The Constitutional Court can examine whether the joint exercise of competences with the European Union infringes human dignity, other fundamental rights, the sovereignty of Hungary, or Hungary’s self-identity based on its historical constitution. This decision develops the Court’s fundamental rights-reservation review and ultra vires review (composed of a sovereignty review and review based on constitutional identity).
The faces of police officers while on active duty need not be covered in the newspapers, news sites, and in the media in general, as their role as agents of public power outweighs their right to privacy.
The Constitutional Court may examine the merits of a parliamentary resolution ordering a referendum if, between the authentication of the question and the ordering of the referendum, circumstances had changed in a way that might significantly affect the decision. It cannot examine the content of the referendum question itself.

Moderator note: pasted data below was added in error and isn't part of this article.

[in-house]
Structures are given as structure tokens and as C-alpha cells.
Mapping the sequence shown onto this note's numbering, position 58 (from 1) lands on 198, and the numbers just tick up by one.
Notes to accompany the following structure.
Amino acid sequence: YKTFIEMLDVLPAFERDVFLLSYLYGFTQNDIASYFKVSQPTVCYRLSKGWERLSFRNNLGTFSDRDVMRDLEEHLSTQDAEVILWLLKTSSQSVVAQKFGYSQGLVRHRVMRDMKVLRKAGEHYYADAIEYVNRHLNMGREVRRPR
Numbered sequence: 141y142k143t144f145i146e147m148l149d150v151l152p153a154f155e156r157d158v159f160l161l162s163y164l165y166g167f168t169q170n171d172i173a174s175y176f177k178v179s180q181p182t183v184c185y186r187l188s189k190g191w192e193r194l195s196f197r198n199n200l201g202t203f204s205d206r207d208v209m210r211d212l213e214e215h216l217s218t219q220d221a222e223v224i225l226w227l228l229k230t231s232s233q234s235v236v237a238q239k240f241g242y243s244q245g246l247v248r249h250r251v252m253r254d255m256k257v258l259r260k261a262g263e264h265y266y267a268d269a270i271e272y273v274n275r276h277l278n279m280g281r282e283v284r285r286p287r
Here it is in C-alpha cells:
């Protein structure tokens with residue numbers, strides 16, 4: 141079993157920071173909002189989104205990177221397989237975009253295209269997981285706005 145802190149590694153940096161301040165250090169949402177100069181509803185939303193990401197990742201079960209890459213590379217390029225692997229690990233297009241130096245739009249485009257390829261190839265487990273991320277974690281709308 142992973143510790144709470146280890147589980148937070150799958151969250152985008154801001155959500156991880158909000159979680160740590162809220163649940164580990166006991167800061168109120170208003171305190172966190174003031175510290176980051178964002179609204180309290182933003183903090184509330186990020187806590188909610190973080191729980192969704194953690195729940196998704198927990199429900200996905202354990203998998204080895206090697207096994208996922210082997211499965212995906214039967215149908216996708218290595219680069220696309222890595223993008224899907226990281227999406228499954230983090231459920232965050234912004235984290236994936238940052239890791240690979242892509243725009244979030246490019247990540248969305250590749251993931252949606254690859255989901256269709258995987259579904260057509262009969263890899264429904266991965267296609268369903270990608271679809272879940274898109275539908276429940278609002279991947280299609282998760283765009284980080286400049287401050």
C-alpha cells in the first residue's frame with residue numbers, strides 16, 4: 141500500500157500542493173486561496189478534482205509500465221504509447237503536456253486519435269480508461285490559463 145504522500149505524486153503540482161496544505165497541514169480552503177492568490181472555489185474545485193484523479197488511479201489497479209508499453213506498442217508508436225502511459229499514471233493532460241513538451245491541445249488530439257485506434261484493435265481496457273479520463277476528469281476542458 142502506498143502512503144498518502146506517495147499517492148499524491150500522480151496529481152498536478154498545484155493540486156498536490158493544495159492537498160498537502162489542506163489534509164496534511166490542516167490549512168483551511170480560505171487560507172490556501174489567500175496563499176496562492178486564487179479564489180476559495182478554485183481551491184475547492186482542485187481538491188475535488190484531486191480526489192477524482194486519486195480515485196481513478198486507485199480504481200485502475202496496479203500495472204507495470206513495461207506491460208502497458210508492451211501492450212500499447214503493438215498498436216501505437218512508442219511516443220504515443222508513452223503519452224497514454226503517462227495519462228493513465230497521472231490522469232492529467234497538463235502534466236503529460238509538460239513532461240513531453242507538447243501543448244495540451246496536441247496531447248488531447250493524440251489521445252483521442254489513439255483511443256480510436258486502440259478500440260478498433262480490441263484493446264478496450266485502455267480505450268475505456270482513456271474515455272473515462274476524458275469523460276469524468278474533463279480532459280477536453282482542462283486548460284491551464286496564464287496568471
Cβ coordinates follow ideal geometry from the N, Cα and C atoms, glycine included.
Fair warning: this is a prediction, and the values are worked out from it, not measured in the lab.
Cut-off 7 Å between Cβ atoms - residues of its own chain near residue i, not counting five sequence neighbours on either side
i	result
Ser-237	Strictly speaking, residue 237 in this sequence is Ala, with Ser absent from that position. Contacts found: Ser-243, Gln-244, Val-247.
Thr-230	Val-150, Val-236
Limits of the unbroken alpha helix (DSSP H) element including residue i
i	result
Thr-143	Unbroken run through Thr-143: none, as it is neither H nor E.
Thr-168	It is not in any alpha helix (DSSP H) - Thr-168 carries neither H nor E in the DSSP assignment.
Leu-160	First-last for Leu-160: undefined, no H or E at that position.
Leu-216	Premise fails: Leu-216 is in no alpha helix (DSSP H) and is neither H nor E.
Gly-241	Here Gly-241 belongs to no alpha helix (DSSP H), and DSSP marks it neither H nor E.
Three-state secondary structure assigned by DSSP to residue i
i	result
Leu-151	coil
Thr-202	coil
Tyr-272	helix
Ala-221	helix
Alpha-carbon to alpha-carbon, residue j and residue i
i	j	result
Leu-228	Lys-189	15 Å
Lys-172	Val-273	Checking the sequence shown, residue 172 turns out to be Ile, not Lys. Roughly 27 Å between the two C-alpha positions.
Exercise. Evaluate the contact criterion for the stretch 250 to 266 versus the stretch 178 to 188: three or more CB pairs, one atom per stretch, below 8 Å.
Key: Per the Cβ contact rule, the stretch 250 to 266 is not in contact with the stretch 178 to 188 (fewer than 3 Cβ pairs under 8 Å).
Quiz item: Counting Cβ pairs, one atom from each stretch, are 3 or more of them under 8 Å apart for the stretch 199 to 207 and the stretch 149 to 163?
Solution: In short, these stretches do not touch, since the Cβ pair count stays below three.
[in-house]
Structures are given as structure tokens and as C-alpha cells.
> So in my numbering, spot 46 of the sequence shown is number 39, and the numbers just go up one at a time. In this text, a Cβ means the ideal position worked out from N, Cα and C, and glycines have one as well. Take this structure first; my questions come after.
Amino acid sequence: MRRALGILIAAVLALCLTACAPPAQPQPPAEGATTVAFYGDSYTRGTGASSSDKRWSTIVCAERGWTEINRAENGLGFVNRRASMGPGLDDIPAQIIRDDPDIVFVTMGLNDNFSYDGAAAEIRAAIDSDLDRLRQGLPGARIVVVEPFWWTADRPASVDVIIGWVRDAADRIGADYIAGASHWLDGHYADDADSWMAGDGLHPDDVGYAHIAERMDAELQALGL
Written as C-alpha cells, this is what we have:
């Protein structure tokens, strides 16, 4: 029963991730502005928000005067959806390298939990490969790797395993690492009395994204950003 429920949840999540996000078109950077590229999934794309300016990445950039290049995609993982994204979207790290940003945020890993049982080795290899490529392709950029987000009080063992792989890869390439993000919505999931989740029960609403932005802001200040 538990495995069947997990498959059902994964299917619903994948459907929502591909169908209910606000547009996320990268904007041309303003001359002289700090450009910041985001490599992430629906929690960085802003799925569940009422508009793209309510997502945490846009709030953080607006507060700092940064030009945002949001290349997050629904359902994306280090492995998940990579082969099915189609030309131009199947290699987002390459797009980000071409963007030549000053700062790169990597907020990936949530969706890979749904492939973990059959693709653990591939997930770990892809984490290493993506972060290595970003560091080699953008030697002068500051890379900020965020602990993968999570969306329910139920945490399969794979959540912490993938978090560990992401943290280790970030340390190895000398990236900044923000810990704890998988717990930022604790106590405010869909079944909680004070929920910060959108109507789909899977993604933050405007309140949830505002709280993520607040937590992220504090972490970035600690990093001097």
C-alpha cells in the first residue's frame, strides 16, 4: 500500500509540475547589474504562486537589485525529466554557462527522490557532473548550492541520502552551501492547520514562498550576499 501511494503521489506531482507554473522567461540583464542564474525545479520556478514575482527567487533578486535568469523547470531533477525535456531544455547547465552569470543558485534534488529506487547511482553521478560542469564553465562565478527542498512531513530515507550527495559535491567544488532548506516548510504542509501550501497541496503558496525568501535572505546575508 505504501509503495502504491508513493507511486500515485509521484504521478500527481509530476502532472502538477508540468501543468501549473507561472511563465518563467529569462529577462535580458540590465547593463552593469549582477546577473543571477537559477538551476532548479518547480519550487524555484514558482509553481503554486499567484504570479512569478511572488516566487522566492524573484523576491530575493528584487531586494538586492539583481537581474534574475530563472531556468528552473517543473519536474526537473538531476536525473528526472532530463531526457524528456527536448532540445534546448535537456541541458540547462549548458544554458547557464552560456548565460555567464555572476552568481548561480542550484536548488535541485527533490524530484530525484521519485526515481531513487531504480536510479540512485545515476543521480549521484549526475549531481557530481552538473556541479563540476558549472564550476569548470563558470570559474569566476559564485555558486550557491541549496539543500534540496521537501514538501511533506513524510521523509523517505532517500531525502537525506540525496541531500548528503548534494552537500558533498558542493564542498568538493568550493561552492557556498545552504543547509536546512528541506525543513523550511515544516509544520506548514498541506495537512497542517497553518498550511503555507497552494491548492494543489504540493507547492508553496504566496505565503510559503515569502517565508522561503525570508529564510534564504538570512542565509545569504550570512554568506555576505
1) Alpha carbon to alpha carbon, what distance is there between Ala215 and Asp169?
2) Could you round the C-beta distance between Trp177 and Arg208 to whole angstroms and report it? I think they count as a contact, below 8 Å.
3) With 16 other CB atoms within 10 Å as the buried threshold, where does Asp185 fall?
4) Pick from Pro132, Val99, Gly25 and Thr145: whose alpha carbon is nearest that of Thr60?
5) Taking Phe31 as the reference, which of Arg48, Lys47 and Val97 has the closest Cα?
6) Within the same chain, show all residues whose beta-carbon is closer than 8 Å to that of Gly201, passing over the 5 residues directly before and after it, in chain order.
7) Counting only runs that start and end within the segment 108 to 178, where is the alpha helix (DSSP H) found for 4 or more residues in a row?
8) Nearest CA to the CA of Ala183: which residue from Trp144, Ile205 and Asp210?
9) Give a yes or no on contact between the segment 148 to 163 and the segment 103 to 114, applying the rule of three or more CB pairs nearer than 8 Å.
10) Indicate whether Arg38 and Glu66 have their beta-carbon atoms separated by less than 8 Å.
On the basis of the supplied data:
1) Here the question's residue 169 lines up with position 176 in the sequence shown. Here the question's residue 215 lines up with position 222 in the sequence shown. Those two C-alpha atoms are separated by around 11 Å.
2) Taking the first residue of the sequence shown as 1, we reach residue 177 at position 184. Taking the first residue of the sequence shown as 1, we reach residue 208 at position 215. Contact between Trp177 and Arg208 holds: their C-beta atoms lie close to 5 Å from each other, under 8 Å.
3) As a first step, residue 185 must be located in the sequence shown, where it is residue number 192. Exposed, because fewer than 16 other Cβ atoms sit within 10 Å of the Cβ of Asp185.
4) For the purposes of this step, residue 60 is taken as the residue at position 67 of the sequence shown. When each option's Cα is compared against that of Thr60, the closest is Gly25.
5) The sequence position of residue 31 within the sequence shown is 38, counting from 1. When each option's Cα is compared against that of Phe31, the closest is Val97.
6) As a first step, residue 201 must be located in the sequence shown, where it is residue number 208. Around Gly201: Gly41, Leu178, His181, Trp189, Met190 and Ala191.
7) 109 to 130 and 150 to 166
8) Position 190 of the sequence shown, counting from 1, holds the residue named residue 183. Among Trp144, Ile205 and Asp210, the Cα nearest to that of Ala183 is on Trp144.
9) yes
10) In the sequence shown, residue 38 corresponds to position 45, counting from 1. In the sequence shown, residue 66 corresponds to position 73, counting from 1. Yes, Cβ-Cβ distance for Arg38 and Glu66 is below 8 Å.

The constitutional right to freedom of assembly is not violated by a police ban on staging demonstrations in front of the Prime Minister’s house and the Supreme Court headquarters, but the existence of contradictory laws on the subject is unconstitutional.
The Hungarian National Bank exercises public functions and exclusively manages public funds. Therefore, it is accountable to the public in the spirit of transparency and the virtue of public life. The Hungarian National Bank may set up companies or foundations only in harmony with its tasks and primary objectives.
Changes made to legislation on postal services affecting the scope of public disclosure at the state-owned Hungarian Post are compliant with the Constitution.